Approaches for Assessing Flows, Concentrations, and Loads of Highway and Urban Runoff and Receiving-Stream Stormwater in Southern New England with the Stochastic Empirical Loading and Dilution Model (SELDM)

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Scientific Investigations Report

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Published in: Scientific Investigations Report, 2023-5087.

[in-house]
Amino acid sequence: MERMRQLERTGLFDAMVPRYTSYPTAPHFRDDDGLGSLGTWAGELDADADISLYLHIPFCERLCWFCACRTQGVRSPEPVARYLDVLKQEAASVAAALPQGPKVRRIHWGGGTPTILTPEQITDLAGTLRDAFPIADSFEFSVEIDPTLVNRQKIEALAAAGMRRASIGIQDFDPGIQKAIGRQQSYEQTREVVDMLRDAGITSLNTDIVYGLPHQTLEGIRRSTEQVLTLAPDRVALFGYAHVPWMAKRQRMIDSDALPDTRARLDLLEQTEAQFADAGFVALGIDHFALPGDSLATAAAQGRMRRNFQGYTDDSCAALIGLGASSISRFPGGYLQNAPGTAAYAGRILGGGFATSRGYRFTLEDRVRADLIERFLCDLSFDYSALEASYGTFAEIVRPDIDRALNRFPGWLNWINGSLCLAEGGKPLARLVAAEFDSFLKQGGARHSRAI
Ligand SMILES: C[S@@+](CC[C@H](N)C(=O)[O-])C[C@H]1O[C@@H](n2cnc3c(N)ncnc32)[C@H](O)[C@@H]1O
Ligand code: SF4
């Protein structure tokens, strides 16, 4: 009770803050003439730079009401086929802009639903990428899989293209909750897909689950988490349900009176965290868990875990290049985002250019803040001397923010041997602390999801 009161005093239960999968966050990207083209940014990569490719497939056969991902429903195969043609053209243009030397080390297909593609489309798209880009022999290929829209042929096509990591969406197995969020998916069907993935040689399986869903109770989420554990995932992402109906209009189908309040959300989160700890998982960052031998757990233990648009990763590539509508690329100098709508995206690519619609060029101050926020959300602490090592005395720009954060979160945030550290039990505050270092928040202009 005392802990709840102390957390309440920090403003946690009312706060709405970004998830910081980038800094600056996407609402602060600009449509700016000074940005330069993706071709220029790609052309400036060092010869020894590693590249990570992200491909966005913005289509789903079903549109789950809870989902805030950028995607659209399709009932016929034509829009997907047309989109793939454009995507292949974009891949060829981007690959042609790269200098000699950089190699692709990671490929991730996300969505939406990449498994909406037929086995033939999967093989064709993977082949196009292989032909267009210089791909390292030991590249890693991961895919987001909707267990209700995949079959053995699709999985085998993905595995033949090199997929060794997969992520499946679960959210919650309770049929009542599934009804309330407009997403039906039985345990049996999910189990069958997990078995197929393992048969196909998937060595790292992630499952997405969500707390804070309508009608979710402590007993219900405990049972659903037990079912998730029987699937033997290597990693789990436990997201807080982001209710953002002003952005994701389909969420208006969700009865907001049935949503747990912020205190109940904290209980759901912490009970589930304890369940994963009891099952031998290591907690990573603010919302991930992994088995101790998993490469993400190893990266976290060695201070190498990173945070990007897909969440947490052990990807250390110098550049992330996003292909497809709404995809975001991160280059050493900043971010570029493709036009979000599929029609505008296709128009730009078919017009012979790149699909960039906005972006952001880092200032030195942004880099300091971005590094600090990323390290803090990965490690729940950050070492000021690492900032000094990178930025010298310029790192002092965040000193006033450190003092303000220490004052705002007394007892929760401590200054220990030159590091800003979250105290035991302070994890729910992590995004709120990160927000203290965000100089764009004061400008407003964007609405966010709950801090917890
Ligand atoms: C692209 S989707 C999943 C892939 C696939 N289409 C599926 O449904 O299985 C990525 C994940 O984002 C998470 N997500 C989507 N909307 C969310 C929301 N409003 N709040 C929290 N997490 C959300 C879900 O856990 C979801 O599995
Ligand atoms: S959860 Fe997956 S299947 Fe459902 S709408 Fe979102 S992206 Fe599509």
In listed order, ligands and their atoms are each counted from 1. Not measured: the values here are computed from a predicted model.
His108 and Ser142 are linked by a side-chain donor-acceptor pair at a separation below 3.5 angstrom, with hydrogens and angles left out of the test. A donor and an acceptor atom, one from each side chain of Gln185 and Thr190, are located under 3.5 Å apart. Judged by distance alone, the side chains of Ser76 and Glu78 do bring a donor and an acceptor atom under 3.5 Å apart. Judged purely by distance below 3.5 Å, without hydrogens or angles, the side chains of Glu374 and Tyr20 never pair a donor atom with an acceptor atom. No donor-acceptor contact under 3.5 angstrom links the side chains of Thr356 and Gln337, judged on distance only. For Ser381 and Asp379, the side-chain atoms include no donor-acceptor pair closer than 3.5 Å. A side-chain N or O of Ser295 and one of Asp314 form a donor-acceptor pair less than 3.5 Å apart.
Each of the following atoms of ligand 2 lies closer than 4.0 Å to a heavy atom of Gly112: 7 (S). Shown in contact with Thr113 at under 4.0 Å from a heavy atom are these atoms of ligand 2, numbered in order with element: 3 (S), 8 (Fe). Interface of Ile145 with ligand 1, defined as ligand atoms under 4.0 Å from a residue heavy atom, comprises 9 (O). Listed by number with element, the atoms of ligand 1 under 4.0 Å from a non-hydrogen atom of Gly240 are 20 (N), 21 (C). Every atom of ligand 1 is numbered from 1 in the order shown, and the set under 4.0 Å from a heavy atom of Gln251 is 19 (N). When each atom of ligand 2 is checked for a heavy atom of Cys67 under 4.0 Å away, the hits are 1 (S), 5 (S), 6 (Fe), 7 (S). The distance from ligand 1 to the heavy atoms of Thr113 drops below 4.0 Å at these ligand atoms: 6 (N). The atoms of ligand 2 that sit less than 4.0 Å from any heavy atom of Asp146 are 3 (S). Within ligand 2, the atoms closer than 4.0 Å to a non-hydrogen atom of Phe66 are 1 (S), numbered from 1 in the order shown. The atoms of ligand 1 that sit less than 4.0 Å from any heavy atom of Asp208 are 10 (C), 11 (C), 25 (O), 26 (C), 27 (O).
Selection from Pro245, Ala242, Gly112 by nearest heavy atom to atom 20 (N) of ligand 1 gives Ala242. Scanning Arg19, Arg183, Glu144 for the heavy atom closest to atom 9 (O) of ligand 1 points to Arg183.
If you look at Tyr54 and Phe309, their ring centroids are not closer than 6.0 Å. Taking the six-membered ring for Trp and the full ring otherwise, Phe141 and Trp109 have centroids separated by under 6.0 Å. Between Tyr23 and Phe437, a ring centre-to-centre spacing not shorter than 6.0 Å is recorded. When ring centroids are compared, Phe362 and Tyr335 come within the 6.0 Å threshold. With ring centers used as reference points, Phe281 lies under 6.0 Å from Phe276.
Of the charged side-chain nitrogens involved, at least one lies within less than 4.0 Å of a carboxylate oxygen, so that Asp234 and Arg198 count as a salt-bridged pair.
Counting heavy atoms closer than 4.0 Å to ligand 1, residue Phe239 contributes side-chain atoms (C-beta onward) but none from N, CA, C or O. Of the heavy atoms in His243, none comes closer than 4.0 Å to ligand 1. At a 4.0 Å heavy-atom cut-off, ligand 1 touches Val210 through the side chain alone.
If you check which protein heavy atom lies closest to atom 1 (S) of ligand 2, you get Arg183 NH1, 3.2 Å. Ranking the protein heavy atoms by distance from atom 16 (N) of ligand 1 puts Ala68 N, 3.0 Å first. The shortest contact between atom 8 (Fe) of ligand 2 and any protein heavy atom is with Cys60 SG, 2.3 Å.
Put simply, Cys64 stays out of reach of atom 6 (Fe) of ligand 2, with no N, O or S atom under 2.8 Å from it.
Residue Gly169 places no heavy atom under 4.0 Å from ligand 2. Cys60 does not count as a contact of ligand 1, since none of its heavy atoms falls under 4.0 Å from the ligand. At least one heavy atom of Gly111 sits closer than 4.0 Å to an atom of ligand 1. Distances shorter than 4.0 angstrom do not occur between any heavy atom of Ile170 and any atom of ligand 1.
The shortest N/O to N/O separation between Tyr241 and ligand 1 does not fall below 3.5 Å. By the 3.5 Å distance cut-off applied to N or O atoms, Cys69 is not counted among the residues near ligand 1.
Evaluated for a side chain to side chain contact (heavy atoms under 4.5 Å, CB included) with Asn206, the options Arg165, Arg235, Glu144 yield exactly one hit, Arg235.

The Stochastic Empirical Loading and Dilution Model (SELDM) was designed to help quantify the risk of adverse effects of runoff on receiving waters, the potential need for mitigation measures, and the potential effectiveness of such management measures for reducing these risks. SELDM is calibrated using representative hydrological and water-quality input statistics. This report by the U.S. Geological Survey, in cooperation with the Federal Highway Administration and the Connecticut, Massachusetts, and Rhode Island Departments of Transportation, documents approaches for assessing flows, concentrations, and loads of highway- and urban-runoff and receiving-stream stormwater in southern New England with SELDM. In this report, the term “urban runoff” is used to identify stormwater flows from developed areas with impervious fractions ranging from 10 to 100 percent without regard to the U.S. Census Bureau designation for any given location. There are more than 48,000 delineated road-stream crossings in southern New England, but because there are relatively few precipitation, streamflow, and water-quality monitoring sites in this area, methods were needed to simulate conditions at unmonitored sites. This report documents simulation methods, methods for interpreting stochastic model results, sensitivity analyses to identify the most critical variables of concern, and examples demonstrating how simulation results can be used to inform scientific decision-making processes. Results of 7,511 SELDM simulations were used to do the sensitivity analyses and provide information decisionmakers can use to address runoff-quality issues in southern New England and other areas of the Nation.